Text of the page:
Letters to Lizzie
The Story of Sixteen Men in the Civil War and the One Woman Who Connected Them All
The Kent State University Press
One young woman’s correspondence with her community’s servicemen, maintaining connection and boosting morale throughout the Civil War
During the American Civil War, soldiers frequently wrote letters to friends and family members as a way of maintaining their connections to loved ones at home. However, most of the published collections of Civil War letters contain correspondence between just two individuals. Letters to Lizzie: The Story of Sixteen Men in the Civil War and the One Woman Who Connected Them All contains a collection of letters exchanged between 16 men—15 soldiers and a quartermaster at a military hospital—and one young woman, Lizzie Brick. Since Lizzie herself could not bear arms, she took up her pen and through ongoing correspondence helped these Union soldiers sustain their motivation for the cause.
The men served in 11 different regiments in the Army of the Potomac, and their correspondence reveals unique insights into the connections between home front and battlefront during the Civil War and into the dynamics of male-female friendships in the 19th century. The letters span the entire war, and within them, the soldiers share their opinions about the people of the South, describe their experiences on the battlefield, and voice their frustrations with their commanders and the conduct of the war.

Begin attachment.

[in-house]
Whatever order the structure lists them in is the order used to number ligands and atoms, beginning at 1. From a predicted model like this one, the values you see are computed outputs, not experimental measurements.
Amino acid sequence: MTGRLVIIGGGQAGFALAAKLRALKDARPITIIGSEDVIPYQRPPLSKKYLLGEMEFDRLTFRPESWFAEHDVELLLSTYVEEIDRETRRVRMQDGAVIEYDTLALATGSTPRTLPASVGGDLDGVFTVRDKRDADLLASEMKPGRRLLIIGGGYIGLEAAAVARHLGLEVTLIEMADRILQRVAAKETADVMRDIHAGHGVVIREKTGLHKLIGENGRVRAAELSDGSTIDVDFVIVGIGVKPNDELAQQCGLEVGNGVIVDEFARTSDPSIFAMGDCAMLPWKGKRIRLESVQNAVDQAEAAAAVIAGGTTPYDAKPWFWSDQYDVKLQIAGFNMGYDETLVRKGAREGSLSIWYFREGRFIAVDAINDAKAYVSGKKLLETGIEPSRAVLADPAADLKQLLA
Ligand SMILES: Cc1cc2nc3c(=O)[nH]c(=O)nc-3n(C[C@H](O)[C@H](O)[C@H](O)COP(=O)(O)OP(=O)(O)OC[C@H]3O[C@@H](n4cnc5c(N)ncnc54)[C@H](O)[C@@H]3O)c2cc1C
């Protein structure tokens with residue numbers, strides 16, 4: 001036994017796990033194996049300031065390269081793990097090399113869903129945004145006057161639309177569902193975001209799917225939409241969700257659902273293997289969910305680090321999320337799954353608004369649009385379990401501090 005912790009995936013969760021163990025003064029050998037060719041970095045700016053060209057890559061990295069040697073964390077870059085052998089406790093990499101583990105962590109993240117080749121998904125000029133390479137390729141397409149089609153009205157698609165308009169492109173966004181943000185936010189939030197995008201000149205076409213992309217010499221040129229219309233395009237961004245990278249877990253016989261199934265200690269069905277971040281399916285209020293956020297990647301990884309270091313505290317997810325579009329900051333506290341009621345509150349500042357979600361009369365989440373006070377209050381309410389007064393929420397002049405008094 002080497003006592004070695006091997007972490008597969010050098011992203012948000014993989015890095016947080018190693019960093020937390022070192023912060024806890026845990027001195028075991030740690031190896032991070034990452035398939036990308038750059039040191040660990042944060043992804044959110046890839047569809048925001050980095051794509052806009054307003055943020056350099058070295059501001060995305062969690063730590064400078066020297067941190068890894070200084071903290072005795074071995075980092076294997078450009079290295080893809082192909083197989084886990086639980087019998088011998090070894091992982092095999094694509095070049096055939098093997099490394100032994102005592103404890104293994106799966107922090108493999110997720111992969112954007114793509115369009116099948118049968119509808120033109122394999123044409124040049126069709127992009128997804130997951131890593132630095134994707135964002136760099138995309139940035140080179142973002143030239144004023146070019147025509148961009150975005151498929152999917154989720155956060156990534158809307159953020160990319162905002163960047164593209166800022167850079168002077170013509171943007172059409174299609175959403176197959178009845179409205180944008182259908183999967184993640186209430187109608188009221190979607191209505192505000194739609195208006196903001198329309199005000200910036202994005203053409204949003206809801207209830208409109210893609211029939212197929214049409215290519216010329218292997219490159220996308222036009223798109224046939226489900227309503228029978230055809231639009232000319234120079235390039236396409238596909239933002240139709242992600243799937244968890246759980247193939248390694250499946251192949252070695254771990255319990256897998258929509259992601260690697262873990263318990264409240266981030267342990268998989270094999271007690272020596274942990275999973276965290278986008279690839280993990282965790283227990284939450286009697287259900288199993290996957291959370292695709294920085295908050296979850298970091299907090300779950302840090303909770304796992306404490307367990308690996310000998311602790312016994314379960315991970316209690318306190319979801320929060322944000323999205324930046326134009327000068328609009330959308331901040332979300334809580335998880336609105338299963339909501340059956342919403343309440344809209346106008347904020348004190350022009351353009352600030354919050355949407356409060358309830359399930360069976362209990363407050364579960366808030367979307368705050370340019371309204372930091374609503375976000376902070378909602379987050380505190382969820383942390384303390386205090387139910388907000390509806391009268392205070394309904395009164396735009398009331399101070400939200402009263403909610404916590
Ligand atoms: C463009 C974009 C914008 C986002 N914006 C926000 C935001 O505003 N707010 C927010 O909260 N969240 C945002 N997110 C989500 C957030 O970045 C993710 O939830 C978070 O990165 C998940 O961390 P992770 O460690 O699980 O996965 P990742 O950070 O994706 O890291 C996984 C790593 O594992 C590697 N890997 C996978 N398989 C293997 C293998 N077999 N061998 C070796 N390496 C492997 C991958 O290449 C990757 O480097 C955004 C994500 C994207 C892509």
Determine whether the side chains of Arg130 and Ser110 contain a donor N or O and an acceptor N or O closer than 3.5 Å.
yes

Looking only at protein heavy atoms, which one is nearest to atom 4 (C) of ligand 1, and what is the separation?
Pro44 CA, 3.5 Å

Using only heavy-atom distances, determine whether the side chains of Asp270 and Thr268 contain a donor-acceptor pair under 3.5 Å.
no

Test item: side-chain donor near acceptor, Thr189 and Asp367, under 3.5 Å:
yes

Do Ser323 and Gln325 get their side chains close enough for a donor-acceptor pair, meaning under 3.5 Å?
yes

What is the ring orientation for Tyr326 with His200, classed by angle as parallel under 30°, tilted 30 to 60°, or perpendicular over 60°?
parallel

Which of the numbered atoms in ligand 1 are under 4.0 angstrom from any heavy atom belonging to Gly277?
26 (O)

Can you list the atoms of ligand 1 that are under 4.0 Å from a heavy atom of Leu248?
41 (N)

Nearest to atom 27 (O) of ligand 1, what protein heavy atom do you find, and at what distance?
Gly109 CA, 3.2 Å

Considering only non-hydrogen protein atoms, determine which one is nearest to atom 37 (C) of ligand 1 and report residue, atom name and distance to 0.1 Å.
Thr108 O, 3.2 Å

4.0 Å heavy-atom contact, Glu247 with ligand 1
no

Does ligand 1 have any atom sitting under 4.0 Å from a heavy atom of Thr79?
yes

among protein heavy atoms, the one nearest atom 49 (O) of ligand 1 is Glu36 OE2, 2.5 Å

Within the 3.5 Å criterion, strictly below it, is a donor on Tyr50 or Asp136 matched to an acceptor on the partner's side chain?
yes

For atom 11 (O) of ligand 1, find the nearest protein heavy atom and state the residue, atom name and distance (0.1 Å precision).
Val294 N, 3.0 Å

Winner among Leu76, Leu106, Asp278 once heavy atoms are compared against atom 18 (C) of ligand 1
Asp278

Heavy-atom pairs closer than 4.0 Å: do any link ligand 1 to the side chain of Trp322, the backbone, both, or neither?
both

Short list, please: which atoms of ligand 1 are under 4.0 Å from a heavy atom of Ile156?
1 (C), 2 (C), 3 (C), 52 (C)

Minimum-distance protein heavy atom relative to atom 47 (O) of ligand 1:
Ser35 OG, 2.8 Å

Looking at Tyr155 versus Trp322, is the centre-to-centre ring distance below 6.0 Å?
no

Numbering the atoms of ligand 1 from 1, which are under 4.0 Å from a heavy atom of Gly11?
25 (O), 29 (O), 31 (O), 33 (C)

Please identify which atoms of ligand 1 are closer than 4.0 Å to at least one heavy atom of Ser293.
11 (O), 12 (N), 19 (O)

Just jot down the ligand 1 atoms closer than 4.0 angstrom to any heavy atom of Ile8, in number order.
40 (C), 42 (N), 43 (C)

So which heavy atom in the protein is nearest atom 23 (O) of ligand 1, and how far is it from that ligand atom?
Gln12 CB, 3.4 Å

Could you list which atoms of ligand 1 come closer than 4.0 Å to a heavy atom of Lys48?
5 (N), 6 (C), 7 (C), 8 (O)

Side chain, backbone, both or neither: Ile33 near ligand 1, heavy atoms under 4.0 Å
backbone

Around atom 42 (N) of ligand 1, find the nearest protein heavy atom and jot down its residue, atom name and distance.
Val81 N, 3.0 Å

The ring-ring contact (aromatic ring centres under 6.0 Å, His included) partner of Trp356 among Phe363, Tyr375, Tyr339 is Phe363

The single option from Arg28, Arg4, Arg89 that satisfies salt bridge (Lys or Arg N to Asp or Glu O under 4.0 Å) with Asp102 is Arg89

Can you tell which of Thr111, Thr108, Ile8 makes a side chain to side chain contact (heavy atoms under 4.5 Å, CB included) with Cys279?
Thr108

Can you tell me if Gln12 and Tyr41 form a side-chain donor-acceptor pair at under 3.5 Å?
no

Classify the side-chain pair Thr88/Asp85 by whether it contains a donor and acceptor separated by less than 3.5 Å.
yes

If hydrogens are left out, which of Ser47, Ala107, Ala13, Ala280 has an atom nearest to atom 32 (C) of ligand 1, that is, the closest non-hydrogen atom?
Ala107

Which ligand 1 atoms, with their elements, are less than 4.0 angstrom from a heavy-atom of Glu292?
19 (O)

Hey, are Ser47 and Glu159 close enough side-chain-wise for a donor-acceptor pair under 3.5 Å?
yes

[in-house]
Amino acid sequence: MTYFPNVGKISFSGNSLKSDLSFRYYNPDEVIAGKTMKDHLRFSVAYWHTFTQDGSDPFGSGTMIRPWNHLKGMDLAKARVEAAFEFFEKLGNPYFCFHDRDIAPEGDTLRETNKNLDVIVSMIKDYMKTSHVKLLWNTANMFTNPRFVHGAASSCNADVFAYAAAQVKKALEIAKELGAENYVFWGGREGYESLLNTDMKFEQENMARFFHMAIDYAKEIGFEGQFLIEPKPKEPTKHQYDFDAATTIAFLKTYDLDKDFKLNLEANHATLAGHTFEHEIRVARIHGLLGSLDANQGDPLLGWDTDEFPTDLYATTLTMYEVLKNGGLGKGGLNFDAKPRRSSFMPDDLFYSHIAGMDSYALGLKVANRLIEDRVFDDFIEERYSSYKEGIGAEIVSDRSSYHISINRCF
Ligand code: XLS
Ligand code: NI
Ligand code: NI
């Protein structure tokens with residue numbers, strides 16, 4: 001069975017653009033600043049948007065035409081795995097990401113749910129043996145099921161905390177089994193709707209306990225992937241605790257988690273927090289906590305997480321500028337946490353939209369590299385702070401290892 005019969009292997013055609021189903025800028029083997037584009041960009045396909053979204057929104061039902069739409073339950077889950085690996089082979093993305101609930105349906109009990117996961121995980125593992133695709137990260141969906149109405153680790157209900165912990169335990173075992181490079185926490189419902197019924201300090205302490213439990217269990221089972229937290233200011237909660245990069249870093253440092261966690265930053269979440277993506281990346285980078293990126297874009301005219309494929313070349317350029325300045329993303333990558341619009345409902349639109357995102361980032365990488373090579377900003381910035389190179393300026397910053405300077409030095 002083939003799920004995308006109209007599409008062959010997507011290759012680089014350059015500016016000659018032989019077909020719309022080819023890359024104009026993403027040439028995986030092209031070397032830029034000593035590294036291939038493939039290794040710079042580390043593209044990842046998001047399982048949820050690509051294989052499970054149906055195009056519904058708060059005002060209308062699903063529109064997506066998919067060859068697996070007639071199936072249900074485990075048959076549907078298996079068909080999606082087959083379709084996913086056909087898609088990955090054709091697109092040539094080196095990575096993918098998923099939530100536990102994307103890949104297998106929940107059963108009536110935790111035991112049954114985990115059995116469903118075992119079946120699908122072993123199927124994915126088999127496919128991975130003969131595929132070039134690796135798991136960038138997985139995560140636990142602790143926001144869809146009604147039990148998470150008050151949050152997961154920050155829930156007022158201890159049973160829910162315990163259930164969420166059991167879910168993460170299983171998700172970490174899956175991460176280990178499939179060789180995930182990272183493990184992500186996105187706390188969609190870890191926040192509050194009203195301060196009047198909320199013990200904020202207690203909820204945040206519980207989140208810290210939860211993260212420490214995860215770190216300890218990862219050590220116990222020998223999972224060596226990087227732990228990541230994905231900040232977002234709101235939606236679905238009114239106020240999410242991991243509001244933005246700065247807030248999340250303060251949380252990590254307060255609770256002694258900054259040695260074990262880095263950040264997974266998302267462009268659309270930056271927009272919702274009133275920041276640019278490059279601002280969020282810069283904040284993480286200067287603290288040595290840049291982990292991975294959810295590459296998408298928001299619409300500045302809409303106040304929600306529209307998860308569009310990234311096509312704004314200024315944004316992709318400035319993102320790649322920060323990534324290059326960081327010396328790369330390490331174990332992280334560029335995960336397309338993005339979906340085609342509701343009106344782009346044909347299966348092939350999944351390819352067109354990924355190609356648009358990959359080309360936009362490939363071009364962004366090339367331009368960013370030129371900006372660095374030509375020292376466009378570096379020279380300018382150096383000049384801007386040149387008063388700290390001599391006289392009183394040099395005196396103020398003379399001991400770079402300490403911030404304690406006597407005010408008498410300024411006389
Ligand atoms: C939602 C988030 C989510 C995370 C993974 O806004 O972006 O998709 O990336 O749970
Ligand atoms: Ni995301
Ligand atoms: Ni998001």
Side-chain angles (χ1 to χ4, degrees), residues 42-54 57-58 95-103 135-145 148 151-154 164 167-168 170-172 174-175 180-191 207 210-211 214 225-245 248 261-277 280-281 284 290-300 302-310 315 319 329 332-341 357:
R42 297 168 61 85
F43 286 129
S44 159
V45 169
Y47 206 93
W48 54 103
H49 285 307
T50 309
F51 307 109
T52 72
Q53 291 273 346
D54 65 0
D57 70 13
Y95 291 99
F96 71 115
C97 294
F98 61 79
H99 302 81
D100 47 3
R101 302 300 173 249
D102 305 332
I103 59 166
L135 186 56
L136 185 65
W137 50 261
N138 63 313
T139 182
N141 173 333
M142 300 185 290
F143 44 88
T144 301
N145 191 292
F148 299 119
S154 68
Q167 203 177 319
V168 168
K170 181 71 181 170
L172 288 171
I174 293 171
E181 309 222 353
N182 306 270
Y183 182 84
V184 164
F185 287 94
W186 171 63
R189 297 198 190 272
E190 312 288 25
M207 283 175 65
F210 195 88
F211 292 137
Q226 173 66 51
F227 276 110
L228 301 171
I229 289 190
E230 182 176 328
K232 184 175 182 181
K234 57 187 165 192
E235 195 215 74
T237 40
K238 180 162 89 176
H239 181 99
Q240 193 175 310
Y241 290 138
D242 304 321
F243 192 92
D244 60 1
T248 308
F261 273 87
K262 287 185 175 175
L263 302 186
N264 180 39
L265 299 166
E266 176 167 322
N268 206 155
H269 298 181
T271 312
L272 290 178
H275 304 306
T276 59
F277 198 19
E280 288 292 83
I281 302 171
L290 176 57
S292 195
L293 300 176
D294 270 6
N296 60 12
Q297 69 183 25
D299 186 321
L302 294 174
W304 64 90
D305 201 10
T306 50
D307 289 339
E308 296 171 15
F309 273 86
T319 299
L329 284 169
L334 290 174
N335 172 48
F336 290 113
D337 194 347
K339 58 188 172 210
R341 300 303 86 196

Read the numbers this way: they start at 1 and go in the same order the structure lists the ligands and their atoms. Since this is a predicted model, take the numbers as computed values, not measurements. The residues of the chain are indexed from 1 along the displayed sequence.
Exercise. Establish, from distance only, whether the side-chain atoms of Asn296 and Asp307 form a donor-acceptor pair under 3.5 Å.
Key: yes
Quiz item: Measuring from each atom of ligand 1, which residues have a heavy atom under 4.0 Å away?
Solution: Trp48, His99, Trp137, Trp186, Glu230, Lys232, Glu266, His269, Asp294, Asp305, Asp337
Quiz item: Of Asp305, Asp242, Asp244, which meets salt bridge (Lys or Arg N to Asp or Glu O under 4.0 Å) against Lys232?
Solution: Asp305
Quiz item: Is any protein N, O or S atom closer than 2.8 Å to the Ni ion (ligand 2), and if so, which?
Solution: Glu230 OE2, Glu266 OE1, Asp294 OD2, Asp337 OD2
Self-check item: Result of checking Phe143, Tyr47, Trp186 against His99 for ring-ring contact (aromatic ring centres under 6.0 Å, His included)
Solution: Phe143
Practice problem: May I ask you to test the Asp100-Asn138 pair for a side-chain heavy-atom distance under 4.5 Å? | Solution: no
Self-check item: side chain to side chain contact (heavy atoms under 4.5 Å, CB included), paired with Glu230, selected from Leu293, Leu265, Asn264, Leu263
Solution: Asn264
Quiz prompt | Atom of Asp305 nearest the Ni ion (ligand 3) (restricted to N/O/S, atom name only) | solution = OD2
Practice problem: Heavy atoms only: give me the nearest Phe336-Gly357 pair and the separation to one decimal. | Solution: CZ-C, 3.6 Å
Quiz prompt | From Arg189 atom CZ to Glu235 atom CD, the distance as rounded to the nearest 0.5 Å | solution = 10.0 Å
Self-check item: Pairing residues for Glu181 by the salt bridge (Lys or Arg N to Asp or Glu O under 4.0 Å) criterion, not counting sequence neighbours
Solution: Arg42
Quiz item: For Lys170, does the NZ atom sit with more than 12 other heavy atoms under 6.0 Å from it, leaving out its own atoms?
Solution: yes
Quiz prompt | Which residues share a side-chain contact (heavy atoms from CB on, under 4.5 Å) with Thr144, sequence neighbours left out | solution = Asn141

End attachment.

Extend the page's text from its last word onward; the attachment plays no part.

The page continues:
Letters to Lizzie presents a complex portrait of a young woman during wartime as well as the concerns of soldiers, thus contributing to our understanding of the connections between servicemen and their communities and the role that women played during the Civil War in sustaining these relationships.
James M. Scythes is assistant professor of history at West Chester University. He received an MA in history from Villanova University. He has written extensively on topics related to the Civil War era and is the author of This Will Make a Man of Me: The Life and Letters of a Teenage Officer in the Civil War.